EDITORIAL - Coastal cleanup
EDITORIAL - Coastal cleanup
(The Philippine Star) - September 19, 2020 - 12:00am

The world marks International Coastal Cleanup day today amid a killer pandemic that environmentalists say has exacerbated solid waste pollution. In the Philippines, the Climate Change Commission has warned against the pollution resulting from increased consumption of disposable face masks, latex gloves and other personal protective equipment or PPE during the coronavirus pandemic.

As in all types of waste, the problem lies in improper disposal, whether in households, offices, commercial or industrial establishments and health centers. There are protocols governing the disposal of waste from hospitals and other health facilities. Pathological or biohazardous wastes are supposed to be segregated from recyclable materials such as paper and plastic, with special care given to the disposal of the pathological waste. Apart from hypodermic syringes, cotton buds and bandages, used COVID testing kits, discarded face masks and PPEs fall under this category.

For households and non-health establishments, there are also laws and local ordinances governing the proper disposal of different types of waste. Strict enforcement of the laws and ordinances must be complemented by the provision of facilities for garbage disposal in public places, with waste segregation encouraged. This is being done in shopping malls and other commercial establishments, but they are still lacking in common public areas. If there are sanitary garbage bins in strategic spots such as bus stops and public markets, there will be less incentive for littering.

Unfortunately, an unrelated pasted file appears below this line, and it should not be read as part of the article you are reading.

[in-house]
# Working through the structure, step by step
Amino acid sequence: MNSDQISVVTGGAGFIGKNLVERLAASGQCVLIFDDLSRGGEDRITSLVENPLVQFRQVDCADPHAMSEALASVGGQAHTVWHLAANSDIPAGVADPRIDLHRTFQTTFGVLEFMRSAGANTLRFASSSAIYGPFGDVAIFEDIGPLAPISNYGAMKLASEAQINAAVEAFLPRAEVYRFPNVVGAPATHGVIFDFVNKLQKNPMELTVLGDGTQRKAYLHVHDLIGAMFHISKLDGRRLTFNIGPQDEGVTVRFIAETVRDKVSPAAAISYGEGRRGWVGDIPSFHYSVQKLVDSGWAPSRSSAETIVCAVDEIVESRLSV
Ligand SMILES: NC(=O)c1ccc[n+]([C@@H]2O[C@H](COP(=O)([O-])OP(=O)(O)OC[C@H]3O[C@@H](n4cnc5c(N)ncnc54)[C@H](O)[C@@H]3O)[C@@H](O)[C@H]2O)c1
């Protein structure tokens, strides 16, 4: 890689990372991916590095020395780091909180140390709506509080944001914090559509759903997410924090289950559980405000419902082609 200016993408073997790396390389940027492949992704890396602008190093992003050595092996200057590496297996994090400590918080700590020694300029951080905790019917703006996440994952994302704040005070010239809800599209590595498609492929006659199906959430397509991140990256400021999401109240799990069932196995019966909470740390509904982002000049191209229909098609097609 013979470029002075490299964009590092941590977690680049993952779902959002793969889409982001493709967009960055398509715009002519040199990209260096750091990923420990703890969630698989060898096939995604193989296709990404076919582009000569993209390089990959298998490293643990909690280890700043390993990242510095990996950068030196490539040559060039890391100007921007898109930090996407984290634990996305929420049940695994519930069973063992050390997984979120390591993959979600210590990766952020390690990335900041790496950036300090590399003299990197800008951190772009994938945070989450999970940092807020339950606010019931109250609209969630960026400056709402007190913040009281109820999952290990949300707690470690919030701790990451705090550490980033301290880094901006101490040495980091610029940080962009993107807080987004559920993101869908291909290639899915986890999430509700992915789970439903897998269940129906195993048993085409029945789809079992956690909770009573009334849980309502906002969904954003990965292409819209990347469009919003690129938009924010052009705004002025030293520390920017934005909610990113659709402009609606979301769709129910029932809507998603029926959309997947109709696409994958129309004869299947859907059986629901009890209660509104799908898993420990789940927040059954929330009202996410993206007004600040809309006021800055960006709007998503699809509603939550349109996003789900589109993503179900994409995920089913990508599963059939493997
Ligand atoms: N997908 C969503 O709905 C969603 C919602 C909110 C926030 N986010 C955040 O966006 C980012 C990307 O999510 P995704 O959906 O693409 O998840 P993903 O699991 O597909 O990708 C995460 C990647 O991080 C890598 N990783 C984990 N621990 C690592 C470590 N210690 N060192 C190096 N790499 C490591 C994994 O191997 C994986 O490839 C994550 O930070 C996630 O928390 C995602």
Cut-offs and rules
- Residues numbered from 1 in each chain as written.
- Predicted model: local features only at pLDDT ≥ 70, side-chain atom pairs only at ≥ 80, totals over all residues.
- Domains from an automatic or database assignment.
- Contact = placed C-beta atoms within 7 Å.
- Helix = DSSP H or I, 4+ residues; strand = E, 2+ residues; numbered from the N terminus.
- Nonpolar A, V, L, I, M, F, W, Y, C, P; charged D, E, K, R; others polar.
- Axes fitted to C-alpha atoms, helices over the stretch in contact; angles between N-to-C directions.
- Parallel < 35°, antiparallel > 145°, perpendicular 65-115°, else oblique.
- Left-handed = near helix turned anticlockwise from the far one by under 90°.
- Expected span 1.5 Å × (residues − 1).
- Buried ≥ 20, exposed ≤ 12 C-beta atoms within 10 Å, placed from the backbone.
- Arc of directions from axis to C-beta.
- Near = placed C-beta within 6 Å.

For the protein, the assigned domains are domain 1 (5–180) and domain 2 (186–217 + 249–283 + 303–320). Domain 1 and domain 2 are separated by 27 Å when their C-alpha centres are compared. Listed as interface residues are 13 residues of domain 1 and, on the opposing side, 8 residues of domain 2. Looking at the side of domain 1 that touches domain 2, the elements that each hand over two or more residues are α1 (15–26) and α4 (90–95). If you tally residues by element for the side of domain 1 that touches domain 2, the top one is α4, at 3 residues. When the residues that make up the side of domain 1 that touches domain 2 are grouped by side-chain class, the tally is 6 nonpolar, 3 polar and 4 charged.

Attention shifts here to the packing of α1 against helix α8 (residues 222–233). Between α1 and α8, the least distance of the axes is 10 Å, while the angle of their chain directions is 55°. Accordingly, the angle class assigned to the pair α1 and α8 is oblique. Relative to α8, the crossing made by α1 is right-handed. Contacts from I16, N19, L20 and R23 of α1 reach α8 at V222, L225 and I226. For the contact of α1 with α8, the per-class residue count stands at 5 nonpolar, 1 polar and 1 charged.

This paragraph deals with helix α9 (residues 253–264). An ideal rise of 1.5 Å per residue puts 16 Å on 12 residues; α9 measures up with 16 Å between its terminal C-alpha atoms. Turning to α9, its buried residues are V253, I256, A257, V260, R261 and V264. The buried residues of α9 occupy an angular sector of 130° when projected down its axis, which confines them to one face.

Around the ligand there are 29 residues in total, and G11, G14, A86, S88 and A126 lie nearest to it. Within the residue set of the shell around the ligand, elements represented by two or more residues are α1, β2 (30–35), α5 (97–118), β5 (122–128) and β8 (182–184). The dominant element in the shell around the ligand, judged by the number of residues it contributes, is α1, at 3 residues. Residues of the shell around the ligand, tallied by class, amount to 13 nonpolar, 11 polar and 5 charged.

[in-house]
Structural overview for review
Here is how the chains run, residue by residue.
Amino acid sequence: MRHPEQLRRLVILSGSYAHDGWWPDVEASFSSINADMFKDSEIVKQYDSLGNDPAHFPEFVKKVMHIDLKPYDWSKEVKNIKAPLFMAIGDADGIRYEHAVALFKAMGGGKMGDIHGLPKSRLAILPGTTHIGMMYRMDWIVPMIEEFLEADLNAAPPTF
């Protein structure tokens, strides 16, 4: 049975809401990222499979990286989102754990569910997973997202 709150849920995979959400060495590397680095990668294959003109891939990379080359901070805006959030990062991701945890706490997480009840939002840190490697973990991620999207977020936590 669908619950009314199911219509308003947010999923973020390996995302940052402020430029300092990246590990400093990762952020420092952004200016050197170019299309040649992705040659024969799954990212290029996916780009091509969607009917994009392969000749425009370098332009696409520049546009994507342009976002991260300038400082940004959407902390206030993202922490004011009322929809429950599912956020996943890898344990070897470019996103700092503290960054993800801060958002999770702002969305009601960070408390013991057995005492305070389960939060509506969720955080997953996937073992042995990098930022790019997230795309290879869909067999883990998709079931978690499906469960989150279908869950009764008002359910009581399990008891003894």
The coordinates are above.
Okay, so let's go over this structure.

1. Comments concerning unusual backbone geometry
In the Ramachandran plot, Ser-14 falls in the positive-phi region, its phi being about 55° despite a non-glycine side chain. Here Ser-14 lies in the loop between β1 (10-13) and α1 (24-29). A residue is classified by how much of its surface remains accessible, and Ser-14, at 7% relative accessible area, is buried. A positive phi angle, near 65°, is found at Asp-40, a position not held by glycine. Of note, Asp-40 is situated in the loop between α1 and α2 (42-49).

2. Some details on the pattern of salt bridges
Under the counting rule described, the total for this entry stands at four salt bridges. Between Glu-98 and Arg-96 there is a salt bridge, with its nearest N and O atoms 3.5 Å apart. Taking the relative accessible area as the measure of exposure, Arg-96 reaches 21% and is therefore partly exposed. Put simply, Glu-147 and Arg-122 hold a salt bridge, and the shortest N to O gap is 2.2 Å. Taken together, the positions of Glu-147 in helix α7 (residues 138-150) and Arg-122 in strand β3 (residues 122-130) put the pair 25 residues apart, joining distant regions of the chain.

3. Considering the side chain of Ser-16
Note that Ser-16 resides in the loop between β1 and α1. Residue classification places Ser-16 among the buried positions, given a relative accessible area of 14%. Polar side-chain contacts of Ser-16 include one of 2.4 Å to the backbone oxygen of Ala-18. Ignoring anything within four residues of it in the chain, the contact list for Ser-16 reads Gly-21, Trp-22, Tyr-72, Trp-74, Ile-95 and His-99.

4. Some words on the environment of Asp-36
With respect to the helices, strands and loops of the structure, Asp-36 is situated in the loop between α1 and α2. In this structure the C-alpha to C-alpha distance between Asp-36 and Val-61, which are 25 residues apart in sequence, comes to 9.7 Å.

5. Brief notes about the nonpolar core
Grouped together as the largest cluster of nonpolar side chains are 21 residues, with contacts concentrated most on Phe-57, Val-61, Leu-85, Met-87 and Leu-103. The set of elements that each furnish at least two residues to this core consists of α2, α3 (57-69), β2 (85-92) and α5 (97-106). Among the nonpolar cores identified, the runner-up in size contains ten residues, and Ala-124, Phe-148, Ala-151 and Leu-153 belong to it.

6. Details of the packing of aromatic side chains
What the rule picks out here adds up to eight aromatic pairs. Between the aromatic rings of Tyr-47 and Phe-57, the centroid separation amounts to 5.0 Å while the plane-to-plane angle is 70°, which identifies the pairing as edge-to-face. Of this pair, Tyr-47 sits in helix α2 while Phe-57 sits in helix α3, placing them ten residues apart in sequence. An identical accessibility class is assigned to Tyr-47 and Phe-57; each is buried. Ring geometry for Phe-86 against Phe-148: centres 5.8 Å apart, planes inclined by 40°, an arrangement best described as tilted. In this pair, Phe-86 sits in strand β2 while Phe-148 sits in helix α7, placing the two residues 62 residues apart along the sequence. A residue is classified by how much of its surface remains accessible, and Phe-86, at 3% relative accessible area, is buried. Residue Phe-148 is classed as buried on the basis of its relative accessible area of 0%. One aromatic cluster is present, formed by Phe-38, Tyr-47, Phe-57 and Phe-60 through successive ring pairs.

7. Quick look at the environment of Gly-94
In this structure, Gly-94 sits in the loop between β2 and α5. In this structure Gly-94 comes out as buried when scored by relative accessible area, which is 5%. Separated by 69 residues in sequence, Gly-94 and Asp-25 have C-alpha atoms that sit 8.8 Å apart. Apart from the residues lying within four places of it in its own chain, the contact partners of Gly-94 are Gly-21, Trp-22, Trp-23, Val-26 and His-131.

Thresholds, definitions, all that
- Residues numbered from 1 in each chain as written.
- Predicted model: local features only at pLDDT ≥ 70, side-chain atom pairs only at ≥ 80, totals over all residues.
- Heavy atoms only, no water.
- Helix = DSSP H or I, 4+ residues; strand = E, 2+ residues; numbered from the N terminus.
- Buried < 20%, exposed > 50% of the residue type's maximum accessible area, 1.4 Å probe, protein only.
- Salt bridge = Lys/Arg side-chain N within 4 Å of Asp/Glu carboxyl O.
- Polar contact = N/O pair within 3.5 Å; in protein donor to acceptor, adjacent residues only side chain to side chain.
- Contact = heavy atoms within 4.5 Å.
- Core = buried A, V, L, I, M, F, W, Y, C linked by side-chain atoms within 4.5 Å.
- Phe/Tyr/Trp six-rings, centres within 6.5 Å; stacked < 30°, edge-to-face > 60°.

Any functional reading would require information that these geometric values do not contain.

Better solid waste management is also needed at the community level including informal settlements. It’s a challenge but it shouldn’t prove impossible to promote proper waste disposal among informal settlers and marginalized fishing communities in coastal areas. This is the task of local governments and barangay personnel.

International Coastal Cleanup Day is also being marked today amid debates over the development of a manmade “white beach” in Manila’s Baywalk area. The 500-meter stretch consists of a meter-thick layer of crushed dolomite laid over a foundation that employs Geotube technology to prevent the reclaimed area from being washed into the sea in the first storm. The so-called Boracay in Manila – meant as a showcase in the ongoing rehabilitation of Manila Bay – is set to be unveiled today. The Department of Environment and Natural Resources has defended the project and appealed to the public to give it a chance.

Additional waste arising from the pandemic should not aggravate the problem of coastal pollution. The pre-pandemic responses needed for dealing with the problem remain the same: lifestyle changes and the effective implementation of policies to promote sustainability.

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